SIPBRANDY Working Group A. Johnston
Internet-Draft Villanova University
Intended status: Informational B. Aboba
Expires: November 2, 2019 Microsoft
A. Hutton
R. Jesske
Deutsche Telekom
T. Stach
May 1, 2019

An Opportunistic Approach for Secure Real-time Transport Protocol (OSRTP)


Opportunistic Secure Real-time Transport Protocol (OSRTP) is an implementation of the Opportunistic Security mechanism, as defined in RFC 7435, applied to Real-time Transport Protocol (RTP). OSRTP allows encrypted media to be used in environments where support for encryption is not known in advance, and not required. OSRTP does not require SDP extensions or features and is fully backwards compatible with existing implementations using encrypted and authenticated media and implementations that do not encrypt or authenticate media packets. OSRTP is not specific to any key management technique for SRTP. OSRTP is a transitional approach useful for migrating existing deployments of real-time communications to a fully encrypted and authenticated state.

Status of This Memo

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This Internet-Draft will expire on November 2, 2019.

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Table of Contents

1. Introduction

Opportunistic Security [RFC7435] (OS) is an approach to security that defines a third mode for security between "cleartext" and "comprehensive protection" that allows encryption and authentication of media to be used if supported but will not result in failures if it is not supported. In terms of secure media, cleartext is RTP [RFC3550] media which is negotiated with the RTP/AVP (Audio Video Profile) [RFC3551] or the RTP/AVPF profile [RFC4585]. Comprehensive protection is Secure RTP [RFC3711], negotiated with a secure profile, such as SAVP or SAVPF [RFC5124]. OSRTP allows SRTP to be negotiated with the RTP/AVP profile, with fallback to RTP if SRTP is not supported.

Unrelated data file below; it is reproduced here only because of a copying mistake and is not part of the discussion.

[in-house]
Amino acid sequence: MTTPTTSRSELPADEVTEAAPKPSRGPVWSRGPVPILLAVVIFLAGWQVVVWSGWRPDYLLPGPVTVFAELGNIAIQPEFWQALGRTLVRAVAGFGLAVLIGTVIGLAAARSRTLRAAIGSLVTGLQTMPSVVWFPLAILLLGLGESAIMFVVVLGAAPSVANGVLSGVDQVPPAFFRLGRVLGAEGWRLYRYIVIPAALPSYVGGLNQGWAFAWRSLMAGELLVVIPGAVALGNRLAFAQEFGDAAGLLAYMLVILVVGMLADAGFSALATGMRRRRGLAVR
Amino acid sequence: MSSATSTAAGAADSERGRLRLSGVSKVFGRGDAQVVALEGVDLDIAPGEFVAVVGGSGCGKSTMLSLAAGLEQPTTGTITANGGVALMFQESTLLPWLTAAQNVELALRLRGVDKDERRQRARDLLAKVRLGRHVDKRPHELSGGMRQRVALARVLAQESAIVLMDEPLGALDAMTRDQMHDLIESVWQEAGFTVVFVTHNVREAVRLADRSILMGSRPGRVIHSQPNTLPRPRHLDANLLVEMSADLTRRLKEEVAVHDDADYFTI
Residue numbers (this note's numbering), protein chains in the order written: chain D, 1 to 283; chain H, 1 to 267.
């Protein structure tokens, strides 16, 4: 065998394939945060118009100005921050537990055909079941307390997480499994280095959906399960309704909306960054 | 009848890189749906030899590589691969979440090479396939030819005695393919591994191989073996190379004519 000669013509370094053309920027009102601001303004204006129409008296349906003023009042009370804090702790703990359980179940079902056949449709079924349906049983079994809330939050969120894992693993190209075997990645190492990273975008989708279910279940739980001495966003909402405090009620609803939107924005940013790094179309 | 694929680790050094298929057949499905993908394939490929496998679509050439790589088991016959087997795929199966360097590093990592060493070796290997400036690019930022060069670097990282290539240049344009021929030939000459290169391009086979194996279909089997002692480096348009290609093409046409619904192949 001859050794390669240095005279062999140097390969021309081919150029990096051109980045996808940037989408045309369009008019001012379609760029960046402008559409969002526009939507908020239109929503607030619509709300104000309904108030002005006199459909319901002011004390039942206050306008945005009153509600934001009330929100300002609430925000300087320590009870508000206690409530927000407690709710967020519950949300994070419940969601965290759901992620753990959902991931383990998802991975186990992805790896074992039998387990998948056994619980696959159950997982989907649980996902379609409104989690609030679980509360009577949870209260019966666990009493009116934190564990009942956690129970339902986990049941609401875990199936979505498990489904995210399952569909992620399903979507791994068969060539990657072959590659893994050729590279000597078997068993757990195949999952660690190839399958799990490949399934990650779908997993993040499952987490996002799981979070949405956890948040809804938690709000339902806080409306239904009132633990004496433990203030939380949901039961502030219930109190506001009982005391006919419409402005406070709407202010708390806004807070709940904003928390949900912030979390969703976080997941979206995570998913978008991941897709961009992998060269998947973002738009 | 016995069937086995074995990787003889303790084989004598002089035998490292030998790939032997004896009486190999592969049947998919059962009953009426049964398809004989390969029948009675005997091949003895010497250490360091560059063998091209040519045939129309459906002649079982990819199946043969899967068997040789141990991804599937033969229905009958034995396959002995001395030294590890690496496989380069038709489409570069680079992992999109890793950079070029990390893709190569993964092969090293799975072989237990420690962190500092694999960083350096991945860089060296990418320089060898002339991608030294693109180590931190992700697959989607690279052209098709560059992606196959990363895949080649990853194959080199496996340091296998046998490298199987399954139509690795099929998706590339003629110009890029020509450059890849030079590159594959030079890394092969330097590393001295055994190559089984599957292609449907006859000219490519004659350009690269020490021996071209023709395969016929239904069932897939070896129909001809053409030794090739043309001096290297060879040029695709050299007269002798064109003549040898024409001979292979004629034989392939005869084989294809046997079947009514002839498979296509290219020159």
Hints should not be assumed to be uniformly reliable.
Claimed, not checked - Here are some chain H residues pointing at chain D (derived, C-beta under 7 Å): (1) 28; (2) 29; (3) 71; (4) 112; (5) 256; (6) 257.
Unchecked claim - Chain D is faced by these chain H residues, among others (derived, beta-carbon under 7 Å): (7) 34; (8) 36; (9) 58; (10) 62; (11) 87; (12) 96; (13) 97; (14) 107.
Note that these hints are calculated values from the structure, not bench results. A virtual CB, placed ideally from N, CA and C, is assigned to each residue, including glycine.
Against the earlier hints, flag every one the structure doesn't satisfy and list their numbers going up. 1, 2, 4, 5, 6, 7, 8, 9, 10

There have been some extensions to SDP to allow profiles to be negotiated such as SDP Capabilities Negotiation (capneg) [RFC5939] . However, these approaches are complex and have very limited deployment in communication systems. Other key management protocols for SRTP have been developed which by design use OS, such as ZRTP [RFC6189]. This approach for OSRTP is based on [I-D.kaplan-mmusic-best-effort-srtp] where it was called "best effort SRTP". [I-D.kaplan-mmusic-best-effort-srtp] has a full discussion of the motivation and requirements for opportunistic secure media.

OSRTP uses the presence of SRTP keying-related attributes in an SDP offer to indicate support for opportunistic secure media. The presence of SRTP keying-related attributes in the SDP answer indicates that the other party also supports OSRTP and encrypted and authenticated media will be used. OSRTP requires no additional extensions to SDP or new attributes and is defined independently of the key agreement mechanism used. OSRTP is only usable when media is negotiated using the Offer/Answer protocol [RFC3264].

1.1. Applicability Statement

OSRTP is a transitional approach that provides a migration path from unencrypted communication (RTP) to fully encrypted communication (SRTP). It is only to be used in existing deployments which are attempting to transition to fully secure communications. New applications and new deployments will not use OSRTP.

2. Requirements Language

The key words "MUST", "MUST NOT", "REQUIRED", "SHALL", "SHALL NOT", "SHOULD", "SHOULD NOT", "RECOMMENDED", "NOT RECOMMENDED", "MAY", and "OPTIONAL" in this document are to be interpreted as described in BCP 14 RFC 2119 RFC 8174 when, and only when, they appear in all capitals, as shown here.

3. SDP Offer/Answer Considerations

This section defines the SDP offer/answer considerations for opportunistic security.

The procedures are for a specific m- section describing RTP-based media. If an SDP offer or answer contains multiple such m- sections, the procedures are applied to each m- section individually.

"Initial OSRTP offer" refers to the offer in which oportunistic security is offered for an m- section for the first time within an SDP session.

It is important to note that OSRTP makes no changes, and has no effect on media sessions in which the offer contains a secure profile of RTP, such as SAVP or SAVPF. As discussed in [RFC7435], that is the "comprehensive protection" for media mode.